She is stunning, of course—the kind of woman you assume had it easy. Then you hear her story: Born in a South African farming community, at 15 she saw her mother shoot and kill her alcoholic father in self-defense after he threatened to murder them both. A year later, Charlize moved to Milan to model, having won a contest her mother had entered her in. After a short stint as a ballerina in New York, she bought a one-way ticket to Los Angeles, where she might have made a career of playing bombshells. Instead she refused to be typecast. For her Oscar-winning turn as serial killer Aileen Wuornos in Monster, she gained 30 pounds and allowed her face to be made unrecognizable. Serious about bringing important social issues to light onscreen and off, she has started an anti-rape campaign in South Africa.
When I walk through the door of her place in L.A., I see that she has transported a slice of her homeland here, with handmade drums in one corner, a bust of a black woman on the mantel, and a copy of Lost Africa on her coffee table. After serving me a scrumptious lunch (oh, the roasted potatoes!), she tells me about her childhood, her ambitions, her boyfriend, and the road to stardom...and we even have a friendly disagreement.
Start reading Oprah's interview with Charlize Theron
This interview appeared in the November 2005 issue of O, The Oprah Magazine.
Oprah: You were born in 1975. When I look at you, I think, This is what 30 looks like now. What does 30 feel like for you?
Charlize: It definitely feels like a different chapter. In my 20s, I felt I had to be doing something every moment. For years I'd had vivid dreams that I would die at 27.
Oprah: Where did the dreams come from?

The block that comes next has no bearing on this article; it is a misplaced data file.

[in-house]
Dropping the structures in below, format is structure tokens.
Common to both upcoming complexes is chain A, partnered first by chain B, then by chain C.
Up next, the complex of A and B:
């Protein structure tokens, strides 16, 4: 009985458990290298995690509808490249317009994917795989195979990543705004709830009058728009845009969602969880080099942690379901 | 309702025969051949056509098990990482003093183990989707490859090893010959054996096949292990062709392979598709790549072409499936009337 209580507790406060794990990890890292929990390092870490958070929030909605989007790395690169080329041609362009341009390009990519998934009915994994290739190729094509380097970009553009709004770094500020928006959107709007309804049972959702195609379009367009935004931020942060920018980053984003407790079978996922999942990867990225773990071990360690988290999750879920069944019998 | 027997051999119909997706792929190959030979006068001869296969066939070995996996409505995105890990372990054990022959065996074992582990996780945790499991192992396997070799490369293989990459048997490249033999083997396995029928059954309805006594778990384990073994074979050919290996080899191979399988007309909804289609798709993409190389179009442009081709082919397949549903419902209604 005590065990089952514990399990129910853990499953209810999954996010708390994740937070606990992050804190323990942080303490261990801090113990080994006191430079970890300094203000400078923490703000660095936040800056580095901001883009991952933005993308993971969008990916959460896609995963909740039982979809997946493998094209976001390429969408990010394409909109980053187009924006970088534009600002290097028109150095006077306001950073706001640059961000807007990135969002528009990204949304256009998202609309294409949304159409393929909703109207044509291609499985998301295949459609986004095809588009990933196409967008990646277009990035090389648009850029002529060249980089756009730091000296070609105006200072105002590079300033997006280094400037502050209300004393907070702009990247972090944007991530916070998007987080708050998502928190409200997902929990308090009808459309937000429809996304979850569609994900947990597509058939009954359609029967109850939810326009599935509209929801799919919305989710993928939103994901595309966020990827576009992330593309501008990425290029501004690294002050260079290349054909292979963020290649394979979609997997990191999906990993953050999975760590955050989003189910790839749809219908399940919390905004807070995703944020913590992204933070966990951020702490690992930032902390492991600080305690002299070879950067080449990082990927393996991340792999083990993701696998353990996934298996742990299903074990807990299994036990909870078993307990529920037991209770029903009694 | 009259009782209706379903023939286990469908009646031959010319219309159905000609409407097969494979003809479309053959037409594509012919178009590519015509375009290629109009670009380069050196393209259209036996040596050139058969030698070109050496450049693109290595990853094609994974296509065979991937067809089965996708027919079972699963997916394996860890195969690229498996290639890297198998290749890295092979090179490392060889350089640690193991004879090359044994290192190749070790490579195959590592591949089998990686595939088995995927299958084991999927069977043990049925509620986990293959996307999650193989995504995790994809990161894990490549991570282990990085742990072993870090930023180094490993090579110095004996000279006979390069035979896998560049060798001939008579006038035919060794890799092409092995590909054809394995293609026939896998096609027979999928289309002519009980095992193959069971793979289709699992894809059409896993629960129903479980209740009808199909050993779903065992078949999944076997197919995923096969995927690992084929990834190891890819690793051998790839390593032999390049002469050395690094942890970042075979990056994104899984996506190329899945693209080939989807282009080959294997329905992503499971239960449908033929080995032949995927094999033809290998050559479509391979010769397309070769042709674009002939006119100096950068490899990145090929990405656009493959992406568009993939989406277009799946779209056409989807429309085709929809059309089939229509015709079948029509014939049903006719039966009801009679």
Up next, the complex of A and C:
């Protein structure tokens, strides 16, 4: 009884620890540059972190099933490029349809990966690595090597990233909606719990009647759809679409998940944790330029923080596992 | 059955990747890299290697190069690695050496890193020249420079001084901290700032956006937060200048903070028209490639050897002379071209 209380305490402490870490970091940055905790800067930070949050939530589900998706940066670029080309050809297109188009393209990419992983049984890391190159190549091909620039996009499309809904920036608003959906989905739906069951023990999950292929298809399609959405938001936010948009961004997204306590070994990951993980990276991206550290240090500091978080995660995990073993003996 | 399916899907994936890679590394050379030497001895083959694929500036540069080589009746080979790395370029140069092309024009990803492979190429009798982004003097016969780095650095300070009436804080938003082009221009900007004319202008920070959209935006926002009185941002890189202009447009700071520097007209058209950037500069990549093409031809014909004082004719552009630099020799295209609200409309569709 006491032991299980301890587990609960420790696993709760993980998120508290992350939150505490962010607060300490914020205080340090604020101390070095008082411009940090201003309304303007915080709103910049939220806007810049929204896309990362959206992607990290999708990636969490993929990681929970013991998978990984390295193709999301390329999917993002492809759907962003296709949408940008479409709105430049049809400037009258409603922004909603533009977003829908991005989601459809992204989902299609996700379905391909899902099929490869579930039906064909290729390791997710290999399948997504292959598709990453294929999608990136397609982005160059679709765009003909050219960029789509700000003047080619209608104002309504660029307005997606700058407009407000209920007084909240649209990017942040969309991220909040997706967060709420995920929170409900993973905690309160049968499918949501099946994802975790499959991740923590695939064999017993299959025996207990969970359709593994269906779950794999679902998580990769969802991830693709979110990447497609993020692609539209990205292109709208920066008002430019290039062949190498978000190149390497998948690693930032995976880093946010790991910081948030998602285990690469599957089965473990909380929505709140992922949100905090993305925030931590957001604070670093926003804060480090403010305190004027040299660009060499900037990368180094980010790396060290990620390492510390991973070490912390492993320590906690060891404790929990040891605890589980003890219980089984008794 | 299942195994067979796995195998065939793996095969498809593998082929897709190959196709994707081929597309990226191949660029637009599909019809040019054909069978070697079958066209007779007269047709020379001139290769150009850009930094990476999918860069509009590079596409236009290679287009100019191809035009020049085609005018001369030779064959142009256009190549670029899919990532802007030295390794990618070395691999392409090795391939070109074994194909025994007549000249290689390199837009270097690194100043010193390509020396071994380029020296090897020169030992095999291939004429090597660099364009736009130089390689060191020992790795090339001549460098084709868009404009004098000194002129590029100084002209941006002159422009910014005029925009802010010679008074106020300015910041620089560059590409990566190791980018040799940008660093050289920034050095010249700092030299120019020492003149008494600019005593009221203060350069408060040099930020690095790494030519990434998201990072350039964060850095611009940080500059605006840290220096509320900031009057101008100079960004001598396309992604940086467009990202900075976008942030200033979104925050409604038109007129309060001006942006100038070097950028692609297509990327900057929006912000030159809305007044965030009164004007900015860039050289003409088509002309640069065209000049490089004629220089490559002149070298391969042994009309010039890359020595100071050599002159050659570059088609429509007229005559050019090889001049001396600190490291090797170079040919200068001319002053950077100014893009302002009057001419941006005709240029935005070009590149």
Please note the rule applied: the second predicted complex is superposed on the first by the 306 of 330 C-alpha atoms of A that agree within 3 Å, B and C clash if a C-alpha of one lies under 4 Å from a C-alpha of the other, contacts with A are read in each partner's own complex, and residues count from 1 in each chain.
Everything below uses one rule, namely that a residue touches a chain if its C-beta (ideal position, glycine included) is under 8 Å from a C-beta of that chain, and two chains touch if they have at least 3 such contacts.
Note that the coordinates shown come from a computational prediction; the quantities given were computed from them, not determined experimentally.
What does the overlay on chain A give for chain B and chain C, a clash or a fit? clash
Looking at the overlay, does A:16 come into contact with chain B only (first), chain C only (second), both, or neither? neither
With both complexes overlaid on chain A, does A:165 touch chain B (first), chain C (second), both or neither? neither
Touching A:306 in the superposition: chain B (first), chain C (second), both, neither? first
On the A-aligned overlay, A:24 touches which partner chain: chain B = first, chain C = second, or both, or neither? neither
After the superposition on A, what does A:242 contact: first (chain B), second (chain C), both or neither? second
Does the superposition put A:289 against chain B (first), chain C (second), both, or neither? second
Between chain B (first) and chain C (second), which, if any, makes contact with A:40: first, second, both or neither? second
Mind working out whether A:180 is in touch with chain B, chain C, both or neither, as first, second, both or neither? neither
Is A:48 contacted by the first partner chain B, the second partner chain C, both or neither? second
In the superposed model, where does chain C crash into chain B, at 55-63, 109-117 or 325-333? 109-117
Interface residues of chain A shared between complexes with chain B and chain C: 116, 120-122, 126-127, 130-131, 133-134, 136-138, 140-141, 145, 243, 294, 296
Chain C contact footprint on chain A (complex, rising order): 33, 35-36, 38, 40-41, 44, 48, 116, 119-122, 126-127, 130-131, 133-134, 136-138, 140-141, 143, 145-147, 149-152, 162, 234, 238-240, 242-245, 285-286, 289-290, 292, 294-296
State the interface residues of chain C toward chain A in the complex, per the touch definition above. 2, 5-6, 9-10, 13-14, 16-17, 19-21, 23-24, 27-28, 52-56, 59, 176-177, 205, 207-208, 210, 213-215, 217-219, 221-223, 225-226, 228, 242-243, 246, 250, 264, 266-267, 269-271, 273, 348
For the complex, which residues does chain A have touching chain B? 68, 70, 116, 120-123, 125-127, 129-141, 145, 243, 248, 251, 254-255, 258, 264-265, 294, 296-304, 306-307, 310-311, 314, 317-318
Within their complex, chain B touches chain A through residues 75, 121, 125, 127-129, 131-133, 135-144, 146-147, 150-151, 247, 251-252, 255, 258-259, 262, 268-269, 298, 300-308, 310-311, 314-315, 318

Charlize: I have no idea. But at 28, I just relaxed. A weight lifted from my shoulders. I didn't feel as if the clock were ticking, like I had to run and do all these things. When you experience the death of others when you're young—and I did—you're aware of that clock.
Oprah: Are you talking about your father's death?
Charlize: Yes. Not just my dad, but uncles, friends. Funerals were a normal thing.
Oprah: Just the other day, somebody said to me, "Are you going to ask Charlize about her father?" And I said, "When something like that happens, you move on after ten or 20 years."
Oprah: You obviously didn't let that define your life.
Charlize: God, no.
Oprah: A lot of people would have.
Charlize: It's not that something like that doesn't scar you. But scars can heal. The way my father died was traumatic. I would wish for nothing more in my life than for it not to have happened the way it did. But I can't change that. In my late 20s, I hated talking about it because telling the story made me seem like the victim. Then I realized that if that's not how I carry the experience, then talking about it doesn't matter.
Oprah: That's right. I think the world is divided into doers and waiters. Obviously, you're a doer. You moved to Hollywood with just $400. What made you do that?
Charlize: You know what? It was just plain, simple, young, stupid naiveté.
Oprah: I would have thought, "Where am I going to work? Where am I going to live? How will I eat?" Did you know anyone in Los Angeles?
Charlize: Nobody. Not a soul. But I was living such a gypsy life. So if this didn't work, it would be just another adventure for me in a new place. I'd been modeling all over Europe—Milan, Paris, London. Before I left South Africa, my whole theory was this: If everything falls apart, then at least I got to see the world.
Oprah: How did you like modeling?
Charlize: Not my thing. I like to talk.
Oprah: I grew up idolizing beautiful girls. I'd think, "What would it be like to look like that?" Now that I'm older, I realize that would be the most boring thing in the world.
Charlize: There's definitely something artistic about modeling. It just wasn't artistically satisfying for me because I like to say what's on my mind. And in that business...
Oprah: Nobody cares what you have to say. Bottom line is, "Take the picture and keep your mouth shut. Turn to the left. You're beautiful, dahling!"
Charlize: Even in acting, you show up to play a character, but if the director will allow it, there's a creativity you're part of. That doesn't exist in modeling. You might have a passion for clothes, but you stand there while they put what they want on you, like it or not. Here's the other thing: I missed discipline. I was a ballerina, and ballet is something you have to work hard at. I couldn't figure out what I had to work hard at to be good at modeling—other than losing five pounds.